Brexit a major factor in UK inflation, says former Bank of England governor

Mark Carney says consumers should be prepared for increased borrowing costs

Mark Carney, former Bank of England governor, blamed Brexit for the UK's high inflation rates. AFP
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Mark Carney, the former Bank of England governor, believes Brexit is partly to blame for the persistent high inflation levels in the UK.

The statement was made during an interview with the Telegraph.

Mr Carney, who headed Britain's central bank from 2013 to 2020, had been an outspoken critic of the UK's separation from the European Union.

He spoke of a sharp drop in house prices, a severe recession, and escalating inflation as possible outcomes.

In recent comments, Mr Carney attributed the combination of Europe's energy crisis, supply shocks, and especially Brexit as significant contributors to the UK's current economic situation.

He emphasised the unique nature of the impact Brexit has had on the country's economy, saying: “We laid out in advance of Brexit that this will be a negative supply shock for a period of time and the consequence of that will be a weaker pound, higher inflation and weaker growth.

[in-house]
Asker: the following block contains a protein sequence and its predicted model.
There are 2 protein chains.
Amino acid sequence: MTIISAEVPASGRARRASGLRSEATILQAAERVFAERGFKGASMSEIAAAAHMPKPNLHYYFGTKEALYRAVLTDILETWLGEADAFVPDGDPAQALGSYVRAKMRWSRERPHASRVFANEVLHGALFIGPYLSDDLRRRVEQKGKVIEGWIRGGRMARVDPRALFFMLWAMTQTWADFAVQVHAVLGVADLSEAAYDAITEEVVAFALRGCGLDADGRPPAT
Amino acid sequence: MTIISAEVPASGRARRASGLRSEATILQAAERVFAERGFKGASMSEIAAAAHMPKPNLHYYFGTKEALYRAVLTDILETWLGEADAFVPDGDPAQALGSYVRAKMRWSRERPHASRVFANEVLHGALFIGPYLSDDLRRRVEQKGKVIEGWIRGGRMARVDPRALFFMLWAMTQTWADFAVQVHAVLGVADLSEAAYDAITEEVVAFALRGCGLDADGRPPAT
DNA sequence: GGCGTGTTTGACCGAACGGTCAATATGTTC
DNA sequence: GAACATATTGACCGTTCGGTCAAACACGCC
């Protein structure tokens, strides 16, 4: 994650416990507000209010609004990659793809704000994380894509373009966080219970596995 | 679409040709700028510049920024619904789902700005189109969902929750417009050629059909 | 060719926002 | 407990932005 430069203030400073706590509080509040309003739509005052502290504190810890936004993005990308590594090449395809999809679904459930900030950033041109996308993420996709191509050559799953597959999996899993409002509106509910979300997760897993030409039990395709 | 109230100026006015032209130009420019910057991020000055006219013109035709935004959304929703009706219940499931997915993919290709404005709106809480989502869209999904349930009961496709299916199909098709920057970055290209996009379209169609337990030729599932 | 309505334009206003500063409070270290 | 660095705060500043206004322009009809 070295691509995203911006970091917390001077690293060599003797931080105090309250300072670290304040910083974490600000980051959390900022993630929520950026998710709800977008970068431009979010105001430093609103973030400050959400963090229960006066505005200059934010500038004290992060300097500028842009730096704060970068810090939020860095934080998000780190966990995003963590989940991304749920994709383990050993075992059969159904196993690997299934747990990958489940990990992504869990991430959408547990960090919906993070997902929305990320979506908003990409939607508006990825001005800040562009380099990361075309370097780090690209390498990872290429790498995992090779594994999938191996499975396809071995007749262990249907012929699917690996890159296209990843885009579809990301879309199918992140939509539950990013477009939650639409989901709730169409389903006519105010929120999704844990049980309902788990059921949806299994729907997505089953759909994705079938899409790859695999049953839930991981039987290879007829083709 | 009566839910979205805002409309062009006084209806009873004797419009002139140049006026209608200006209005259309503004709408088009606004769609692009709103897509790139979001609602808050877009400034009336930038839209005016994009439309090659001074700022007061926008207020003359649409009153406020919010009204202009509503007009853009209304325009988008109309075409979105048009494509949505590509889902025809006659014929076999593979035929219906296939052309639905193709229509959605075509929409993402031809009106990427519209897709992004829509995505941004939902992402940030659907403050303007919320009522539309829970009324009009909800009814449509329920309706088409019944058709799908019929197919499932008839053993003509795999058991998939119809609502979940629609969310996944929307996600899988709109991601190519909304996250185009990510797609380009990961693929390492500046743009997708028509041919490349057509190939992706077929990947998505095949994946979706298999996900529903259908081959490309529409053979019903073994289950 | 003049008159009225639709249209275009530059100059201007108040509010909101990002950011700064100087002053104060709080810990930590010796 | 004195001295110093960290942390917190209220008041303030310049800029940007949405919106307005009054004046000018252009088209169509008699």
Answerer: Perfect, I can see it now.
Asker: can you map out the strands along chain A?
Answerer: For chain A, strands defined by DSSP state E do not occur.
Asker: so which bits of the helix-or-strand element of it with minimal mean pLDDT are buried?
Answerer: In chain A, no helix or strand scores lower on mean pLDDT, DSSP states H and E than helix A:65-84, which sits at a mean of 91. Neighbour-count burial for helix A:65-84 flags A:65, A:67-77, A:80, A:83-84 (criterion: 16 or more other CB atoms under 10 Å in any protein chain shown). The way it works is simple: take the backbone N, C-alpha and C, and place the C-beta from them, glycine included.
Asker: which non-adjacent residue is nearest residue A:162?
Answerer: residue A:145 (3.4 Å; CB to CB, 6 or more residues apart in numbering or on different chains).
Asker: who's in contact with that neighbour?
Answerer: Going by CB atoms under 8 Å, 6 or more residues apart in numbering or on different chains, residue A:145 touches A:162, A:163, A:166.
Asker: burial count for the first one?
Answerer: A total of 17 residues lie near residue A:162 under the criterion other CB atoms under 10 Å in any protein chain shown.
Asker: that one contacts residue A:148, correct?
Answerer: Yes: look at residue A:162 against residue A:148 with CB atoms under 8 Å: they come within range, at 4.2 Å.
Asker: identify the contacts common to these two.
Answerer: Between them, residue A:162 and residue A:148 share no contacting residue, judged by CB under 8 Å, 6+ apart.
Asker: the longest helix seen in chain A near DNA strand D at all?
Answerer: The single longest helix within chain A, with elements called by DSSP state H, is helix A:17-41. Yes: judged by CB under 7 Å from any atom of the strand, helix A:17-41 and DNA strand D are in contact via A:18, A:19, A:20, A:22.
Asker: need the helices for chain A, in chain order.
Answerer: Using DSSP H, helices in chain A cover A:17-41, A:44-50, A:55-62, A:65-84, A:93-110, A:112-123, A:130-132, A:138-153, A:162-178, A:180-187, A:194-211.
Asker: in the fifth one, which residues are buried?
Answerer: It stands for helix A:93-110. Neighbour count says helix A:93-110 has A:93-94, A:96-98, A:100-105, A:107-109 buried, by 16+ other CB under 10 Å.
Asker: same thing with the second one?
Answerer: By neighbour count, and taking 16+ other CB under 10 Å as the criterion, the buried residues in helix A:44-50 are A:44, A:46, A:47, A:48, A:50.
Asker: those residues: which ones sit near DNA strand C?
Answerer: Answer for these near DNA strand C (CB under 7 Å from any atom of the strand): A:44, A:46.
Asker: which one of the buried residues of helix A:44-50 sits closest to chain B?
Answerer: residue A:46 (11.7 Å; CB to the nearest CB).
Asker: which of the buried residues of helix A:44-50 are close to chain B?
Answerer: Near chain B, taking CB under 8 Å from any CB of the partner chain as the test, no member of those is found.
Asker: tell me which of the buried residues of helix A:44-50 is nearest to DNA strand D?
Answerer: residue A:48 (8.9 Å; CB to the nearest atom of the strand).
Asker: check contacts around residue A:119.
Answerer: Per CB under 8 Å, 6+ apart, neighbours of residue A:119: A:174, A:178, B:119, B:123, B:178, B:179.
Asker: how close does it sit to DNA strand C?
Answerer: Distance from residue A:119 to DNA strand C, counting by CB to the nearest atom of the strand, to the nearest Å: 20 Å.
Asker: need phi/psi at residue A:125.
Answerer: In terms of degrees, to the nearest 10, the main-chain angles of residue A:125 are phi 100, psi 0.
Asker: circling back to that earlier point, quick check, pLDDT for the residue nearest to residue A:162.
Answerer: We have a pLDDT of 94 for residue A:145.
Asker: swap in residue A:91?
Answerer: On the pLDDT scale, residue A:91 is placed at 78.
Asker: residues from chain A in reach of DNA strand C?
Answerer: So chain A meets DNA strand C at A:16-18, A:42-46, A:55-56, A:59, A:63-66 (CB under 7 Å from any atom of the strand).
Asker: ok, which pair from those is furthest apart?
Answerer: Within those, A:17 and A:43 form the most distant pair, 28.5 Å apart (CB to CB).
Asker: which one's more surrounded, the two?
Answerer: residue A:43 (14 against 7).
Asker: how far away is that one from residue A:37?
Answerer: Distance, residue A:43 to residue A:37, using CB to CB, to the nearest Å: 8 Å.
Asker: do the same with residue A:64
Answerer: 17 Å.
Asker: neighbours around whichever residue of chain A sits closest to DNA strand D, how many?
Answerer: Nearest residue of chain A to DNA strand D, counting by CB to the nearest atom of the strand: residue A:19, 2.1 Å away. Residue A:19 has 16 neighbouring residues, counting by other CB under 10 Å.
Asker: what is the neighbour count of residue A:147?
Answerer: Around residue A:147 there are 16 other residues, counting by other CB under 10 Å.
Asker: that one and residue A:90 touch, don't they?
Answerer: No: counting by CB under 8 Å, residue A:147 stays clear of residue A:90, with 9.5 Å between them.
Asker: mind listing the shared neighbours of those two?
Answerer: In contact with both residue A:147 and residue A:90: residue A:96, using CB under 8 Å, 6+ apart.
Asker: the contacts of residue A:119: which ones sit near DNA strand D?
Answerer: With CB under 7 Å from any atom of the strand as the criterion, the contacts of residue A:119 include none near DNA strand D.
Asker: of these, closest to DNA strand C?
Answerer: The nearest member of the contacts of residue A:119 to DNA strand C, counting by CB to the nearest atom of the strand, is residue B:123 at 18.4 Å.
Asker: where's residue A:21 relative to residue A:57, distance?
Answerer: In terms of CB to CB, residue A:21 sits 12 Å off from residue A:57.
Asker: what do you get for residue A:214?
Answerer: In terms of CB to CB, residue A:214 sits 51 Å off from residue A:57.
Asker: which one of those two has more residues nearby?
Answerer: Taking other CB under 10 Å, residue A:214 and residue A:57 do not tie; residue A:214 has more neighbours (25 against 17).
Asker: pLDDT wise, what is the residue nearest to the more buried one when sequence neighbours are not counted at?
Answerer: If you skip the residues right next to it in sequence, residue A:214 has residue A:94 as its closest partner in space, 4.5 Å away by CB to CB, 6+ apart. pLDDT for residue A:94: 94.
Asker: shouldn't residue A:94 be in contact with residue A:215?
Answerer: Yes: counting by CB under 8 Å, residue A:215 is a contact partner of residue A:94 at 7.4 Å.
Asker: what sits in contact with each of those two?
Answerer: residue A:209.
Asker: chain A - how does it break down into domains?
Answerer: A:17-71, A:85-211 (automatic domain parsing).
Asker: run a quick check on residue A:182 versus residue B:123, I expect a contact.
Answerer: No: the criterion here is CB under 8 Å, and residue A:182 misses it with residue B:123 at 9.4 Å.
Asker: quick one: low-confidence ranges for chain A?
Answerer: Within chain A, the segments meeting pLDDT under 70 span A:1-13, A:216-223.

“There’s no joy in saying: 'we told you so,' because people are having to live with that reality.”

The prospect of interest rate rises

With the UK experiencing higher-than-expected inflation and wage data, the Bank of England is being set up for base rate increases.

Investors are anticipating more than a full percentage point of increases over the following year, which could elevate the benchmark lending rate to a two-decade high.

Mr Carney predicts that consumers should be prepared for increased borrowing costs as rates are likely to stay high for the foreseeable future.

His recent comments were made in line with his previous statement to ITV, suggesting a long-term high rate environment.

Not everyone agrees with Mr Carney's assessment of Brexit's role in the UK's inflation.

Jacob Rees-Mogg, the former business secretary, said Mr Carney's description of Brexit was “obviously nonsense”, instead pointing to the Bank's failures as the culprit for worsening Britain’s cost of living crisis.

Amid these inflationary pressures, the government, through Chancellor Jeremy Hunt, has expressed its commitment to support the central bank's effort to manage inflation.

Mr Hunt recently stated that the UK has “no alternative” but to increase interest rates in an attempt to curb inflation.

Households across the UK are preparing for a possible increase in rates, which sit at a 14-year high of 4.5 per cent.

Updated: June 18, 2023, 12:43 PM